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What I Just Finished Reading: Hellebore & Rue: Tales of Queer Women and Magic, by JoSelle Vanderhooft. Still liked it by the time I finished it, which can be an iffy thing with short story collections. It's odd how one short can affect your view of the whole sometimes.

Point of Hopes (Astreiant #1), by Melissa Scott and Lisa A. Barnett. The world is a  fascinating one - think an alternate 16th century or so France - where your sexuality is no big deal, and the society is a matriarchy, a fact that's revealed as something that's just there, instead of whacking you over the head with it. I REALLY liked both the main leads, and the way the relationship develops between them. Again, without banging you over the head with it. My only issue with it is similar to the one I had with Death by Silver: the conclusion to the central mystery of who is stealing children and why feels rushed, as though the authors realized they were coming to the end and had to tie ends up.

The 13th Hex, by Jordan L. Hawk. This is the short-story intro, previously published in Charmed and Dangerous, to Hawk's new Hexworld series. Because it's a short story things move along fairly quickly, and there isn't as much world or character building as I would have liked. (To be fair, it was never intended to be the intro to a series.) Dominic Kopecky is a would-have-been witch who instead spends his days drawing hexes for New York's Metropolitan Witch Police. Familiar-without-a-witch Rook (also a shapeshifter) brings a murder by patent hex to his attention, a murder that everyone else claims has been solved - and someone is willing to kill to keep it that way. Honestly, you're probably going to guess at least one of the reveals long before it happens, but it's still a fun little read.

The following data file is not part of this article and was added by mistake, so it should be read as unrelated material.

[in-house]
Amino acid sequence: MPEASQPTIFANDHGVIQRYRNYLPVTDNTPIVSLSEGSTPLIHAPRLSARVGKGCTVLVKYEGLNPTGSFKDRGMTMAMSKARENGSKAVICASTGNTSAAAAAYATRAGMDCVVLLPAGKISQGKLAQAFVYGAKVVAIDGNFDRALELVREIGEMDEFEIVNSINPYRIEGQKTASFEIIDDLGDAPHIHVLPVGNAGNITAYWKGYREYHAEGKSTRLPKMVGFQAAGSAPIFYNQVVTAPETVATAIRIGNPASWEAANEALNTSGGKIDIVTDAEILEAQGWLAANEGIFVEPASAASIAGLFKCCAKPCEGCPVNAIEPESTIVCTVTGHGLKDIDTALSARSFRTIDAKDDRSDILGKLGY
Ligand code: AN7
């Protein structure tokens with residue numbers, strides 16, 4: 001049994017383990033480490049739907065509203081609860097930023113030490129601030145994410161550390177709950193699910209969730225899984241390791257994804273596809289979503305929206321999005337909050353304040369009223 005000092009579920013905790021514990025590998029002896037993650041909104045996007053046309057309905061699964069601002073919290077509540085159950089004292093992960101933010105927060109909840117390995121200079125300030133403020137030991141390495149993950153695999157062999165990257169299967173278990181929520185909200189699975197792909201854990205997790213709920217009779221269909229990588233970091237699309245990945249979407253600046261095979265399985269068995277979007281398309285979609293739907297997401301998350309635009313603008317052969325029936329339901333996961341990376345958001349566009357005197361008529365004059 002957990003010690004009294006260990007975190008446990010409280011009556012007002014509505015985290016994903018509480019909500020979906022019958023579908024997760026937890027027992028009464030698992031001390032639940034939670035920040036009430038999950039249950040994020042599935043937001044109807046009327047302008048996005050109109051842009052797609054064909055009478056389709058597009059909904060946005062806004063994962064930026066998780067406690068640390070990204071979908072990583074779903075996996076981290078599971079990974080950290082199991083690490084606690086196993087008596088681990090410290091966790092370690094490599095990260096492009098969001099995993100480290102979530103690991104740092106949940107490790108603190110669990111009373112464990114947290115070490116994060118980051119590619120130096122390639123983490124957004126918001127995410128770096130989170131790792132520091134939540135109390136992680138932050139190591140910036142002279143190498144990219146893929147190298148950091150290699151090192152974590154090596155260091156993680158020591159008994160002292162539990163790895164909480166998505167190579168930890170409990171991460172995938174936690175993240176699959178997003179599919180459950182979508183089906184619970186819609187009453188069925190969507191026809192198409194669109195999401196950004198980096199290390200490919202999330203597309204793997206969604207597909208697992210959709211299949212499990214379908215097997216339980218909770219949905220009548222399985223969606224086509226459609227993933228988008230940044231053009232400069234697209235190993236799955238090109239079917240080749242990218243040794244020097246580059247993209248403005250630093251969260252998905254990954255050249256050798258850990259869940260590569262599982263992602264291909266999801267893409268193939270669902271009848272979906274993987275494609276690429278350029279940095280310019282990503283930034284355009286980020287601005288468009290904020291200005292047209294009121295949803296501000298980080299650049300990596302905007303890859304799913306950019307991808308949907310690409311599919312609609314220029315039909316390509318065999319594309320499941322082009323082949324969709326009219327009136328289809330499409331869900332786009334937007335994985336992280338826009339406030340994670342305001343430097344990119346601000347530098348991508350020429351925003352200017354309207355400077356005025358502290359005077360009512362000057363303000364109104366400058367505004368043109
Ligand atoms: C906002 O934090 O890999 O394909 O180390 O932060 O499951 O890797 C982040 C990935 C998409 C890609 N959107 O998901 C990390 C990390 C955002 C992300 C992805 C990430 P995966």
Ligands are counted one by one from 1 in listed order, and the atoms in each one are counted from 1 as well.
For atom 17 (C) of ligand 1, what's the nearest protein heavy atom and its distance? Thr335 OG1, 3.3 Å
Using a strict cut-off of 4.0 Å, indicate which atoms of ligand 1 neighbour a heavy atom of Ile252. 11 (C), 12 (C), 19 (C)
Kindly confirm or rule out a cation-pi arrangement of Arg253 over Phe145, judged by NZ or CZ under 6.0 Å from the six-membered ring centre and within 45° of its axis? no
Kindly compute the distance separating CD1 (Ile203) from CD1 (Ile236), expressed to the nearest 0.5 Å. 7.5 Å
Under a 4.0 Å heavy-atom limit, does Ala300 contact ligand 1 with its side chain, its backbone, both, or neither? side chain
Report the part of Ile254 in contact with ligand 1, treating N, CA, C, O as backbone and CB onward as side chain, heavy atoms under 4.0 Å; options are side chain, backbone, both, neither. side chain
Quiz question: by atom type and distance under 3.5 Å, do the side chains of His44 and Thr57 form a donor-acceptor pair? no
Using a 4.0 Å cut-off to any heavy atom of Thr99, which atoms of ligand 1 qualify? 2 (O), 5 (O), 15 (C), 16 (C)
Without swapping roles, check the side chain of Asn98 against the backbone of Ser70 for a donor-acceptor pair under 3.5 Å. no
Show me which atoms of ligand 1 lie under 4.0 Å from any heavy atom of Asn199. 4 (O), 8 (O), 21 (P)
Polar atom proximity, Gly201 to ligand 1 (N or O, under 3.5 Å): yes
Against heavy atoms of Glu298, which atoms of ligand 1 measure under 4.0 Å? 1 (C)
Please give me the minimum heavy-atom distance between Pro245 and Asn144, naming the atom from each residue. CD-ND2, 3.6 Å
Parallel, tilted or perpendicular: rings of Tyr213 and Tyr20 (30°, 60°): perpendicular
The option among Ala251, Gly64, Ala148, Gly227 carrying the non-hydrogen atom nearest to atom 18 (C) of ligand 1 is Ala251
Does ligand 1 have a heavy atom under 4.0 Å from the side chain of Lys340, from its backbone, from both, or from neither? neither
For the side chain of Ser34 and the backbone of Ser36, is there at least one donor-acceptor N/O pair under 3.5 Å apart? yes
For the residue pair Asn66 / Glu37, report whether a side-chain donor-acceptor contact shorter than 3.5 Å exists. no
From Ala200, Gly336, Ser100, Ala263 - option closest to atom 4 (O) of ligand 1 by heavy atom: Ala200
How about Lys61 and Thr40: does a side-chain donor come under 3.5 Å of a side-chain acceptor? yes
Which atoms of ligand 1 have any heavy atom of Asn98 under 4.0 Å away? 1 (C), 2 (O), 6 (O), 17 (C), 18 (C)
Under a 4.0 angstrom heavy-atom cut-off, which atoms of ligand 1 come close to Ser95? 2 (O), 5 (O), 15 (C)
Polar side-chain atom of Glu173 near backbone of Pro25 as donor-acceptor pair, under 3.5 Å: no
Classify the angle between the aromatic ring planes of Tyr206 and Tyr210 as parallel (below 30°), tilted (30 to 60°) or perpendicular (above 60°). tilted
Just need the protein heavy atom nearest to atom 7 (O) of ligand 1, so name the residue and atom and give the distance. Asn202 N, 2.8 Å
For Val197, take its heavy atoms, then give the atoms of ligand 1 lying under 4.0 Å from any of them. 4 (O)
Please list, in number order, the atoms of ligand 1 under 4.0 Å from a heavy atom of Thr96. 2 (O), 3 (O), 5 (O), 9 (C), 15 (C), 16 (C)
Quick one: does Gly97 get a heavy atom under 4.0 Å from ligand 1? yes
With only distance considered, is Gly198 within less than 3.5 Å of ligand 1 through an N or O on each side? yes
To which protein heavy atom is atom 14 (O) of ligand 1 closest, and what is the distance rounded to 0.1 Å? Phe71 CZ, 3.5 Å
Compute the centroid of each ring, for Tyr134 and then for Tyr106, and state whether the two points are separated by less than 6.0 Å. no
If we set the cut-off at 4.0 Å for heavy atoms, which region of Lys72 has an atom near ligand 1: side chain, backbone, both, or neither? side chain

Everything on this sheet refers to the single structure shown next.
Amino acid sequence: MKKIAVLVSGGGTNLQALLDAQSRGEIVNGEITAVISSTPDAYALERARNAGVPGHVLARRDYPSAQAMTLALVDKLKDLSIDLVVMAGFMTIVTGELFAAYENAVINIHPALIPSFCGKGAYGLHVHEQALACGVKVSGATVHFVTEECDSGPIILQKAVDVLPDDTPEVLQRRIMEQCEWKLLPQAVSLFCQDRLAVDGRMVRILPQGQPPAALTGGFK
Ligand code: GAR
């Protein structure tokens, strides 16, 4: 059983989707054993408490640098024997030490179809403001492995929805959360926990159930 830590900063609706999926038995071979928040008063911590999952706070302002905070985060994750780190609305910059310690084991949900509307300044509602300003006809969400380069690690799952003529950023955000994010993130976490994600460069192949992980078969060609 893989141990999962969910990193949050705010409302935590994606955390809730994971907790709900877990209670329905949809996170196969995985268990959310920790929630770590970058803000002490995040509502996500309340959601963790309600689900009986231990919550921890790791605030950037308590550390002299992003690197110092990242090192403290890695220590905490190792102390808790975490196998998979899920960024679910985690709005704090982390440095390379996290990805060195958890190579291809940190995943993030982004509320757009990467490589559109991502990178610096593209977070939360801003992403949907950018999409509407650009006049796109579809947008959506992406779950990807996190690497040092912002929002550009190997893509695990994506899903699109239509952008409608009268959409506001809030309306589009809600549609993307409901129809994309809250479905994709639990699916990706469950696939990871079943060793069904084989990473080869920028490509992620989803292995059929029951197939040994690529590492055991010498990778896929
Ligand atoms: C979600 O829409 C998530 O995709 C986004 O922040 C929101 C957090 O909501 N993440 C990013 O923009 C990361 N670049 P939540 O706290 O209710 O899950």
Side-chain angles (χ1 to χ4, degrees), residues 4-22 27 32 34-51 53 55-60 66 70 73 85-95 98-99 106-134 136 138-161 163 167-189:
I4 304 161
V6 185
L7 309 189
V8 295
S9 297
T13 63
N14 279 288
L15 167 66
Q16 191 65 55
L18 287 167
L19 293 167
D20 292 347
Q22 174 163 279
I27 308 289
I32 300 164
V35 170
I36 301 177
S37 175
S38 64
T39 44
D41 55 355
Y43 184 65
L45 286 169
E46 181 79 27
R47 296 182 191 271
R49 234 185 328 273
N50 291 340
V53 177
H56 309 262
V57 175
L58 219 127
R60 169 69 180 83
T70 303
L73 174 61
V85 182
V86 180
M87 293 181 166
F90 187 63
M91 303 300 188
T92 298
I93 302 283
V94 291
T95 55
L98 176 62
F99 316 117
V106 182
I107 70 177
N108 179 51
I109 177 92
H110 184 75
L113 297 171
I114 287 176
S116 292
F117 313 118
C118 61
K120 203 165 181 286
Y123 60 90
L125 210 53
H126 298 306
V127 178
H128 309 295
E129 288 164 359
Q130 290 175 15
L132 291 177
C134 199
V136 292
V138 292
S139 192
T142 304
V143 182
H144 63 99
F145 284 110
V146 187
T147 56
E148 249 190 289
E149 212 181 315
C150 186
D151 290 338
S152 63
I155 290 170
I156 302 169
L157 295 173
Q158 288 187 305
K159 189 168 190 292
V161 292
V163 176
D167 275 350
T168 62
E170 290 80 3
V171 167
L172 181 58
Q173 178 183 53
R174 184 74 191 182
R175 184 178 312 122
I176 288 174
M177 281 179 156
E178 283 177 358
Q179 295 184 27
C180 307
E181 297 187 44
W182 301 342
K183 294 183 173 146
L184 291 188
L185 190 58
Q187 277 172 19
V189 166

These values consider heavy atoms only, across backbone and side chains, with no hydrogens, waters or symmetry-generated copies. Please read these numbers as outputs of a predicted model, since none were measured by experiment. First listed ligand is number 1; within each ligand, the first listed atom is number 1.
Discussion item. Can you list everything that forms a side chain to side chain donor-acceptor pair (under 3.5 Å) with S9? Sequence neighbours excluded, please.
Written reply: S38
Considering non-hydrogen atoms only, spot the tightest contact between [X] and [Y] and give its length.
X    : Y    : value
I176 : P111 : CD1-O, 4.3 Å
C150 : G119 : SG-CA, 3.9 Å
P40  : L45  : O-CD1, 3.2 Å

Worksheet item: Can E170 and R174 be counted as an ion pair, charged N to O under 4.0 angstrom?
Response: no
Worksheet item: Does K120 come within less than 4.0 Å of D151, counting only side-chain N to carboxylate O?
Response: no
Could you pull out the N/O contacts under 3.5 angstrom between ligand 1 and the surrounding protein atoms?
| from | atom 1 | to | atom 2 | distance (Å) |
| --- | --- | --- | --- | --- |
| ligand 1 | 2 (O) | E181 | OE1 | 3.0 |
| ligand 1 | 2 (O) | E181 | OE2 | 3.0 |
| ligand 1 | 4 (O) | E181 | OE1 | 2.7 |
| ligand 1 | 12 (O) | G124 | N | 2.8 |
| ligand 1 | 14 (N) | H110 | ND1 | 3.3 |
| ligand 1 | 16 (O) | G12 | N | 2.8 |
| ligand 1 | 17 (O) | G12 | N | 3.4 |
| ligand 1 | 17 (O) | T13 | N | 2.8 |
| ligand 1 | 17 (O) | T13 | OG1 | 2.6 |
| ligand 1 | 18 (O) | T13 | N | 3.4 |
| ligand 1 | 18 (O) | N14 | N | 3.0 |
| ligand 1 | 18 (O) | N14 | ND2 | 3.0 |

Point of Knives (Astreiant #1.5), by Melissa Scott. This is a short story set between Point of Hopes and Point of Dreams, centering not exactly on the beginning of the relationship between Eslingen and Rathe but on how they want to take it further, and the debate over whether they should. Plus, pirates! And more murder. There was still some veering away from the mystery into the relationship when it felt like the former should have taken precedence, but as with A Death at the Dionysus Club versus Death by Silver, it's not nearly as intrusive. Not that I'm complaing about the relationship, mind, even if I was reading it and going "come on, come on, you guys, you're perfect for each other!" ")

Point of Dreams (Astreiant #2), by Melissa Scott and Lisa A. Barnett. I love theatre. It might have paid like crap but one of the best jobs I ever had was usher/bartender at a live theatre. I got to see all the shows and get paid for it. :D So that may be influencing how much I liked this book because it centers around a live theatre, in what seems to be Astreiant's theatre district. Eslingen is hired on at the theatre, which is set to put on a politically important play, as a sort of drill instructor for the chorus. As the chorus is made up of nobles who won a lottery, you can imagine how much fun he has. A series of mysterious murders place the play in jeopardy, and Rathe must find the person behind them lest disaster strike on opening night. We get to see more of the politcal sphere of Astreiant, as well as more about how magic and astrology work in this world. On the personal side, Eslingen moves in with Rathe (yay!) and they navigate that new aspect of their relationship. BY TALKING TO EACH OTHER.